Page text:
Guest Post: Writing 101 (Just One More Perspective) by Tallis Piaget

Hello, My name is Tallis Piaget and I am the author of Black Boogiemen.  Though most congratulate me for publishing my first book, this feat is not what I am most proud of.  Yes, writing a 280p novel is quite an accomplishment, but there is something else that I’m far happier about.  It’s writing a 280 page novel that people love.  That is what separates me from the pack!

The following will be a brief explanation on how I completed my goal, and why my book is different than so many others out there.  I will also ask you to look deep within yourself and see if becoming an author is truly attainable.  I am a nice person but I am also brutally honest.  I will speak the truth.  Continue reading and hopefully these truths will set you free.

I had an idea… It reverberated inside my skull at times impeding my ability to grasp words.  The idea needed expulsion or I risk loosing my touch with reality.   What should I do?  What did do? I wrote!  You see, I am that clichéd black male that grew up in inner city hardship.  My life is fraught with the stereotypical plights that plague most urban youth: teenage, unwed mother, absent father, poverty, drugs, gangs, violence, death, etc…  This environment is not conducive to a young, intelligent mind.  In turn, I needed an escape.  TV provided some brief bouts of serenity, yet it was far too superficial for my inquisitive mind.  I needed more… ideas with depth… stories that didn’t wrap themselves up in perfect little two hour blocks.  That is when I started reading, and shortly thereafter, writing.  So I wrote out of necessity for had I not, the “Dark” would have consumed me.  Needless to say, I maintained my sanity, excelled in academics, and eventually got my degree in biochemistry.  As previously mentioned, I have always written, but I have only recently published my first peace of material.  Shortly after publishing my book I became the executive editor of a magazine (Insight2Incite) and co-host of a radio talk-show.  I am now living my dream.  Not only did I write a book, I wrote a book that people love!

OK, after reading through my monologue, if you feel I am someone that could possibly offer beneficial advice, you have come to the most important part of the blog. Advice time:

  1. If you want to be a writer, you must write.  (This is so obvious, it’s elusive)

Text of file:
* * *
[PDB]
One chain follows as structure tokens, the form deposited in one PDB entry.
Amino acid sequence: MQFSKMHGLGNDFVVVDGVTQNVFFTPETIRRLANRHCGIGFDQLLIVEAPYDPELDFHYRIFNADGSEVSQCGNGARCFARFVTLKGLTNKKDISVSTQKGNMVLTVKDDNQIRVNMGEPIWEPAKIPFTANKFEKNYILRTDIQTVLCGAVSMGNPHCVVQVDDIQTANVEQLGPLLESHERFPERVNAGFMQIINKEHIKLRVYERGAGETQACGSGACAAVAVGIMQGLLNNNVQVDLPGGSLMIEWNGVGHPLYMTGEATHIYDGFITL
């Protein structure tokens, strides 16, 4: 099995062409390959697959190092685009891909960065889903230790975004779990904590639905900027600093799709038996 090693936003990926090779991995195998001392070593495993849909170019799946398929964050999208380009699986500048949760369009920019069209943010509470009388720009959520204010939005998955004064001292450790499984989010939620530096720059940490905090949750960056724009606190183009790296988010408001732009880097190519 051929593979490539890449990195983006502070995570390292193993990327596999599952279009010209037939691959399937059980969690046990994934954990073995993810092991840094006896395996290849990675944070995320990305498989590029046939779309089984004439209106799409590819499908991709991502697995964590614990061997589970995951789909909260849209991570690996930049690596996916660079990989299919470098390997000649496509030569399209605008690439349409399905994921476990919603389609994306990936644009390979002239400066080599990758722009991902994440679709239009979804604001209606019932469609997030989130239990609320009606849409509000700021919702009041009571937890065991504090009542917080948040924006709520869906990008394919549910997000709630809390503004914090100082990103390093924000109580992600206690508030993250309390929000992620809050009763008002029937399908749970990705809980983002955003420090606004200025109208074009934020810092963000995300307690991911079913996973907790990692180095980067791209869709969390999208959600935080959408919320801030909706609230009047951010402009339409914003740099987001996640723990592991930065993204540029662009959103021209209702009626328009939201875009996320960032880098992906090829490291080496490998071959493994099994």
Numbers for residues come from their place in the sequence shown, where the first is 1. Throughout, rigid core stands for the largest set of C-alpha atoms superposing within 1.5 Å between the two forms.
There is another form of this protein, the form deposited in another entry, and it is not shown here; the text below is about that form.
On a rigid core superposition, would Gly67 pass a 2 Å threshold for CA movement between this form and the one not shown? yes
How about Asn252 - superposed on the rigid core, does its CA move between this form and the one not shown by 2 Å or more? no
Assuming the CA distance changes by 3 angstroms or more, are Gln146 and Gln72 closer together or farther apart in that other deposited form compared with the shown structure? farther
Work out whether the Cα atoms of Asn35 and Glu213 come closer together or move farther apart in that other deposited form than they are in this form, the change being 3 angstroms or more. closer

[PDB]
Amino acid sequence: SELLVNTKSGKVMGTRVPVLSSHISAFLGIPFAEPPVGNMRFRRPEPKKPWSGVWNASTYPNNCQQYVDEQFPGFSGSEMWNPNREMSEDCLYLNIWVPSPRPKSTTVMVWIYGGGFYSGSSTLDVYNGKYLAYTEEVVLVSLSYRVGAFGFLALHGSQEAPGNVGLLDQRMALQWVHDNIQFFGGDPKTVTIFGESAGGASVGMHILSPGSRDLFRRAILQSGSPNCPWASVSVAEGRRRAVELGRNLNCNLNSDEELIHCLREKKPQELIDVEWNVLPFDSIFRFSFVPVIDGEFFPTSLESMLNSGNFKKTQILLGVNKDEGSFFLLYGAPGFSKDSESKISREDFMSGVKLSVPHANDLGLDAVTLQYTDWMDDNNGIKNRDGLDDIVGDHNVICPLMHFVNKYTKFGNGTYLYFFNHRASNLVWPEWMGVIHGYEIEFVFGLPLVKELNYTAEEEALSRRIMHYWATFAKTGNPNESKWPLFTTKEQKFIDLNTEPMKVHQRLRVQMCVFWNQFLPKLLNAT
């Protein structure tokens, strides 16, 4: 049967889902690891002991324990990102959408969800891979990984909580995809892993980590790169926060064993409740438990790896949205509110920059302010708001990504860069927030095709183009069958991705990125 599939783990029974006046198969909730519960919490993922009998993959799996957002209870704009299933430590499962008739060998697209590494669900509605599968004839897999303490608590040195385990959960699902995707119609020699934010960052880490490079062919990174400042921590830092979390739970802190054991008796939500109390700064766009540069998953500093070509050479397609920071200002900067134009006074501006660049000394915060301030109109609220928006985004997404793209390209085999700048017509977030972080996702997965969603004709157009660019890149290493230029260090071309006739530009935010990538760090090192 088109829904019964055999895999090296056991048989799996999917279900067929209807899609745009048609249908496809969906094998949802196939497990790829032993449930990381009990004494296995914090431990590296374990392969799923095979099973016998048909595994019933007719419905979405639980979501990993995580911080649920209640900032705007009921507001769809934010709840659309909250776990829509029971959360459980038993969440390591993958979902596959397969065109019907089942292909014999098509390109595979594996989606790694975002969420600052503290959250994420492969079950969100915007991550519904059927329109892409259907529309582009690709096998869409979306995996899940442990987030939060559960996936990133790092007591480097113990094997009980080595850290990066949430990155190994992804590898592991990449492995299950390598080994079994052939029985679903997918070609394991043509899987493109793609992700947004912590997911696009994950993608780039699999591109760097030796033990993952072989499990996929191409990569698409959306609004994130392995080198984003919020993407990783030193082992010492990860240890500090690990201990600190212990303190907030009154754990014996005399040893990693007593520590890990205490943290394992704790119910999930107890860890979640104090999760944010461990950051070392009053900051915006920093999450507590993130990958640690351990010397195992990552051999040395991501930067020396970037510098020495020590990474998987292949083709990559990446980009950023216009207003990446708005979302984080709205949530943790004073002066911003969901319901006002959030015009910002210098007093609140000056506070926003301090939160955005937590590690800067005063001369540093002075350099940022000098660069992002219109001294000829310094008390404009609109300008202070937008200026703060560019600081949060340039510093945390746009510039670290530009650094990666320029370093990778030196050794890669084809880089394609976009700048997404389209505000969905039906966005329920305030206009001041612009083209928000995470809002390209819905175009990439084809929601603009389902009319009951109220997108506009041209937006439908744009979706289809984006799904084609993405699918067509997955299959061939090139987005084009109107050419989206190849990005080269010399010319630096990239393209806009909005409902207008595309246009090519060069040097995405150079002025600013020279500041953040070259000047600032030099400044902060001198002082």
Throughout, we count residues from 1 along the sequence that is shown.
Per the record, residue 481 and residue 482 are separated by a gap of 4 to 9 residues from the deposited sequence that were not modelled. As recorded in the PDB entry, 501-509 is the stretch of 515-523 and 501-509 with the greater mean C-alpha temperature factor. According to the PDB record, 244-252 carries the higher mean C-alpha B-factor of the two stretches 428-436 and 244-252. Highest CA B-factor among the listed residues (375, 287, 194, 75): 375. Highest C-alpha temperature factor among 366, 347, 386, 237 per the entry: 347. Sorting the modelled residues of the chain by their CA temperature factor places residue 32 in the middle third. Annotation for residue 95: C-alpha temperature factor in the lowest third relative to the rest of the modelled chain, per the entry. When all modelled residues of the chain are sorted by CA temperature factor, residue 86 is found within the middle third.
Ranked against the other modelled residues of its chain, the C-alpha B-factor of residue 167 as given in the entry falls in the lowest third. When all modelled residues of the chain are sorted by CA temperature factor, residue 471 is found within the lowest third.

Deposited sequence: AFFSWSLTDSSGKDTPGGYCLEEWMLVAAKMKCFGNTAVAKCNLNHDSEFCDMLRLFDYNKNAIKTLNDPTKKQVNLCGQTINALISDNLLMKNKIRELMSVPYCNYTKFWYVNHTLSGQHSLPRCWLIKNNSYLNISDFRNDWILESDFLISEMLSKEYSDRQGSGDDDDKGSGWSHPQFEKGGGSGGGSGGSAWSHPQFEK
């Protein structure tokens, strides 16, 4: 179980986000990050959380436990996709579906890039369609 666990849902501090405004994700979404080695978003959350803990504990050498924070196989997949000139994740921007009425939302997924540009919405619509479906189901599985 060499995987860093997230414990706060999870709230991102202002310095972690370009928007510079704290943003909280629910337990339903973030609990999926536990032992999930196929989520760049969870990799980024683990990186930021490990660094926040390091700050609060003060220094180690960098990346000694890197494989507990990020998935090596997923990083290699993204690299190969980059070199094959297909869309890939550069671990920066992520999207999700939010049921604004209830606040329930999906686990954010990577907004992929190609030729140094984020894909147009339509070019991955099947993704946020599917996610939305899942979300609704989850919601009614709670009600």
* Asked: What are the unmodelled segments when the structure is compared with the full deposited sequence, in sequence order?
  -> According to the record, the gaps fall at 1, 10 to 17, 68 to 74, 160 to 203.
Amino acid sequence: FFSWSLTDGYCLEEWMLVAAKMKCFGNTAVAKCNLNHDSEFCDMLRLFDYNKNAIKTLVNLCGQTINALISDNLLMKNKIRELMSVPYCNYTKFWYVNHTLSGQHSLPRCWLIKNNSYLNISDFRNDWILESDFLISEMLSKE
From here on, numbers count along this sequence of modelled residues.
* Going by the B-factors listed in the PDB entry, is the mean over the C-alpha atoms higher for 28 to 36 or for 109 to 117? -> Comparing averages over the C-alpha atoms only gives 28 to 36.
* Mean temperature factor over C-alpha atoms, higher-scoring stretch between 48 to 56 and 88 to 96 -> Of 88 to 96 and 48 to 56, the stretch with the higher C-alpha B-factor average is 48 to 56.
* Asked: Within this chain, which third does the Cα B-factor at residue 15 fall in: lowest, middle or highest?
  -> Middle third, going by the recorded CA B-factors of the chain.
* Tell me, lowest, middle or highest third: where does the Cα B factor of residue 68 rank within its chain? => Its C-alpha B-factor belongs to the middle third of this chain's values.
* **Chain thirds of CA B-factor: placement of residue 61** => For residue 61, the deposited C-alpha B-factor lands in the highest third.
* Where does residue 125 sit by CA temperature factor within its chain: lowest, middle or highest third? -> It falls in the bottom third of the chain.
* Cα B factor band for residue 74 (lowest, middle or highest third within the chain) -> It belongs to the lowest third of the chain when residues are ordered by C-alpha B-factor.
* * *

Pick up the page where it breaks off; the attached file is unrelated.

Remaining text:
2. You will never be a good writer if you are not reading good books. (This again is simple but so true)
  3. Learn the basic rules to writing. If your work is riddled with errors, it becomes an arduous task to read.  (The only tough read should be homework)
  4. Please edit.  This can not be stressed enough.  You edit, have friends edit, teachers need to edit, parents… I think you get my point.  (Again, mistakes cause potential readers to close your book)
  5. Get beta-readers. (These are random folks you get to read your book. Preferably people that enjoy reading)
  6. Keep your ego in check.  Your beta-readers will return with suggestions.  Do not be offended, and do not discount their opinions.  (Adding their tweaks may be the difference between selling 100 books and selling 100 thousand books.)
  7. Finally… edit… Yep again.  After writing my book, I realize this is what has set “Black Boogiemen” apart from most other self published material (and of course the controversial story).  Edit, edit, edit.

Now what follows is the last bit of honesty I need to provide.  It’s very critical.  I’m starting off with an analogy, so just follow along (It will make sense once you’ve finished).

I love great music.  I often watch classic videos of histories greatest singers, Marvin Gaye being my favorite.  After watching this man melt the microphone with his silky voice, I fantasize about being on that stage and belting out perfect notes over the loud speaker as well.  The problem is I can not.  I can practice and practice, but I do not have the innate ability to excel in that area.  I make my point now.  So many of us would love to sing, but so few of us can actually do it well.  Writing is akin to this idea.  So many of us would love to write, but so few of us can actually do it well.  I know… I know… that is cruel.  I am not here to crush your dreams, but I am here to present a logical, pragmatic perspective to your writing endeavor.

The aforementioned only applies to people that are attempting to make money with their writing.  My message to the people that write for the love; never stop… that is art in its purest form.  So you must ask yourself, what is your goal?  Do you write for the love, or are you writing to get paid (or both)?  It doesn’t matter.  Your quest should always be to improve whatever craft you embark upon, less you remain in the fray like so many others that halfheartedly pursue their dreams.  Farewell my new friends, and I leave you with some reiterations:

  1. Read good books, this is a must for all good writers.
  2. Write, edit, write, edit, write etc…
  3. Always attempt to improve your craft (your writing should get better as you mature. Never stay stagnant in any profession!)
  4. Finally (this is new), be original.  There are very few original thinkers left in this world.  Be one, think outside the box.  Make me want to read your story because there is nothing out here like it.

Well I can go on forever, but I will end it here.  I hope reading this information helped in some way.  And while doing whatever it is you do, just always remember, “To thine own self be true” – Shakespeare.   Stay tuned…

Connect with Tallis:




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